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1.
Angiology ; 71(4): 315-323, 2020 Apr.
Artigo em Inglês | MEDLINE | ID: mdl-32000517

RESUMO

Several trials have been completed in patients with heart failure (HF) treated with uric acid (UA)-lowering agents with inconsistent results. We aimed to investigate whether lowering UA would have an effect on mortality and cardiovascular (CV) events in patients with HF in a systematic review and meta-analysis. The primary outcome measures were all-cause mortality, CV mortality, CV events, and CV hospitalization in patients with HF. We included 11 studies in our final analysis. Overall, allopurinol treatment was associated with a significant increase in the risk for all-cause mortality (hazard ratio [HR]: 1.24, 95% confidence interval [CI]: 1.04-1.49, P = .02). The trial heterogeneity is high (heterogeneity χ2 = 37.3, I2 = 73%, P < .001). With regard to CV mortality, allopurinol treatment was associated with a 42% increased risk of CV mortality (HR: 1.42, 95% CI: 1.11-1.81, P = .005). There was a trend toward increased CV hospitalization in the same group (HR: 1.21, 95% CI: 0.95-1.53, P = .12). Uric acid-lowering treatments increase all-cause and CV mortality but did not increase CV hospitalization significantly in this study.


Assuntos
Inibidores Enzimáticos/uso terapêutico , Insuficiência Cardíaca/tratamento farmacológico , Xantina Oxidase/antagonistas & inibidores , Alopurinol/uso terapêutico , Febuxostat/uso terapêutico , Insuficiência Cardíaca/mortalidade , Humanos , Oxipurinol/uso terapêutico , Ácido Úrico
3.
Kidney Blood Press Res ; 45(1): 131-141, 2020.
Artigo em Inglês | MEDLINE | ID: mdl-31865342

RESUMO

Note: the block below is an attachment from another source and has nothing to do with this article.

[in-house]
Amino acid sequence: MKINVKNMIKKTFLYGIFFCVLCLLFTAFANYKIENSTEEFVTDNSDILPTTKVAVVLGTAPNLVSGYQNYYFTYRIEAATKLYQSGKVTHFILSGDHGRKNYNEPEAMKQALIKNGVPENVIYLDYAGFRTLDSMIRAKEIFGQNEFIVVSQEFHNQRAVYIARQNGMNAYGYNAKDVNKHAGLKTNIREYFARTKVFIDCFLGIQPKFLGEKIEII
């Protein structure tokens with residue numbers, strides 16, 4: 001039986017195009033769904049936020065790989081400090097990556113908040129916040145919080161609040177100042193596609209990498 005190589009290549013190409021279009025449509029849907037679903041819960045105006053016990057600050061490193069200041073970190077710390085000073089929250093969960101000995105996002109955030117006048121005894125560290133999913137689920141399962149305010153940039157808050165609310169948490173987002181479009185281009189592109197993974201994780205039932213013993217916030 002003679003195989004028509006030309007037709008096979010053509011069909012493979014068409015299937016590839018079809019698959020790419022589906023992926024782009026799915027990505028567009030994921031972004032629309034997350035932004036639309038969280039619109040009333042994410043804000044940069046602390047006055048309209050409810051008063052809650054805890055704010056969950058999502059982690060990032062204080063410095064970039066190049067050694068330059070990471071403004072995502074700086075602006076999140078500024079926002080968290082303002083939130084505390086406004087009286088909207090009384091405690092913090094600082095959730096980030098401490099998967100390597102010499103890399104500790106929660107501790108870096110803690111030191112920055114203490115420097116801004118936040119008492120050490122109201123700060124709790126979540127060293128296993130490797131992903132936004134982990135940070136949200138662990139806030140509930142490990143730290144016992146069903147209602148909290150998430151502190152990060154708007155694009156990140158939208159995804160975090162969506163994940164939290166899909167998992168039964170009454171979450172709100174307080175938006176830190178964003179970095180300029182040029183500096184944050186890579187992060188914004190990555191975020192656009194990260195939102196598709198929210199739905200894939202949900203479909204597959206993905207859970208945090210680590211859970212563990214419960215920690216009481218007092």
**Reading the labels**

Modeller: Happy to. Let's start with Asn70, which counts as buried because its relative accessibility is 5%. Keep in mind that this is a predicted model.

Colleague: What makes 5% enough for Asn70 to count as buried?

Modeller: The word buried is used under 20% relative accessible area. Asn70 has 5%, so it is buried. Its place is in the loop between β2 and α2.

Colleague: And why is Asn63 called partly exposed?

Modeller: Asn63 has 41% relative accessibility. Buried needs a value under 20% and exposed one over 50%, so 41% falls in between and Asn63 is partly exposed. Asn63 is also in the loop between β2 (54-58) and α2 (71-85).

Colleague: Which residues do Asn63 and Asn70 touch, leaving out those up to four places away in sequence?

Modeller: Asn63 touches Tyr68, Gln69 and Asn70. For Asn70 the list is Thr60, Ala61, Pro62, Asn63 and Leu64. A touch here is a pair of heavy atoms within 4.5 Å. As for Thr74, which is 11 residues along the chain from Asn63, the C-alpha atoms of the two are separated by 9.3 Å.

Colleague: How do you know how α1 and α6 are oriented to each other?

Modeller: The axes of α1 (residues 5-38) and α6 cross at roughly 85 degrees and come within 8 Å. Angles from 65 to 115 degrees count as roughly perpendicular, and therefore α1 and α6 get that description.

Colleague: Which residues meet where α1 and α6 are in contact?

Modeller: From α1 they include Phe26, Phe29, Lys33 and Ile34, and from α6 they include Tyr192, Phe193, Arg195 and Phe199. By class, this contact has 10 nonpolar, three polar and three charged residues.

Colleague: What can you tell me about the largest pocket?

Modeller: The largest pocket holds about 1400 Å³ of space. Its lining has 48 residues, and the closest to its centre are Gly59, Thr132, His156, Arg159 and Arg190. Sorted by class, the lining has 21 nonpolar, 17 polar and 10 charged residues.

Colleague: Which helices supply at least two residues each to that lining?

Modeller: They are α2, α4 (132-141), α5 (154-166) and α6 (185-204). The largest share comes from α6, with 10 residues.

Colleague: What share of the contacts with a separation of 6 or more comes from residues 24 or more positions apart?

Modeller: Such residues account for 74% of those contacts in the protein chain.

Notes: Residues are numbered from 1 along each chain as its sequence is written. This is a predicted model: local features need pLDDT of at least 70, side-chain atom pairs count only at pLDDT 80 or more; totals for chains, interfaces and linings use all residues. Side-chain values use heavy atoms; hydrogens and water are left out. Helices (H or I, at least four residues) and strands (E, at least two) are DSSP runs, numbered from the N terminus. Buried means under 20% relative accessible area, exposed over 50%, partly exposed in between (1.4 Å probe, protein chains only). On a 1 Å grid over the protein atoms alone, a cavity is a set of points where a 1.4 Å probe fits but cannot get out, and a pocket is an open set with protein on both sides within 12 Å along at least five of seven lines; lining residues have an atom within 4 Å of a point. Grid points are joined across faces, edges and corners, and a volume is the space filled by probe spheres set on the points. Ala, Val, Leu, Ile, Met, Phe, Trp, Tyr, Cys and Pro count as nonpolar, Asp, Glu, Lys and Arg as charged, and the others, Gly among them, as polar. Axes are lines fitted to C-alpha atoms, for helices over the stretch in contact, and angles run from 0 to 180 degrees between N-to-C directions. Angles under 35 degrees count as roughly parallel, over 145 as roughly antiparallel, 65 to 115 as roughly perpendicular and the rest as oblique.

BACKGROUND: Hyperuricemia may cause acute kidney injury by activating inflammatory, pro-oxidative and vasoconstrictive pathways. In addition, radiocontrast causes an acute uricosuria, potentially leading to crystal formation. We therefore aimed to investigate the effect of urine acidity and urine uric acid level on the development of contrast-induced nephropathy (CIN) in patients undergoing elective coronary angiography. METHODS: We enrolled 175 patients who underwent elective coronary angiography. CIN was defined as a >25% increase in the serum creatinine levels relative to basal values 48-72 h after contrast use. Prior to coronary angiography and 48-72 h later, serum uric acid, urea, creatinine, bicarbonate levels, and spot uric acid to creatinine ratio (UACR) were measured. RESULTS: Of the 175 subjects included, 29 (16.6%) developed CIN. Those who developed CIN had a higher prevalence of diabetes, higher UACR (0.60 vs. 0.44, p = 0.014), higher contrast volume, and lower serum sodium level. With univariate analysis of a logistic regression model, the risk of CIN was found to be associated with diabetes (p = 0.0016, OR = 3.8 [95% CI: 1.7-8.7]), urine UACR (p = 0.0027, OR = 9.6 [95% CI: 2.2-42.2]), serum sodium (p = 0.0079, OR = 0.8 [95% CI: 0.77-0.96]), and contrast volume (p = 0.0385, OR = 1.8 [95% CI: 1.03-3.09]). In a multiple logistic regression model with stepwise method of selection, diabetes (p = 0.0120, OR = 3.2 [95% CI: 1.3-8.1]) and UACR (p = 0.0163, OR = 6.9 [95% CI: 1.4-33.4]) were the 2 risk factors finally identified. CONCLUSIONS: We have demonstrated that higher urine UACR is associated with the development of CIN in patients undergoing elective coronary angiography.

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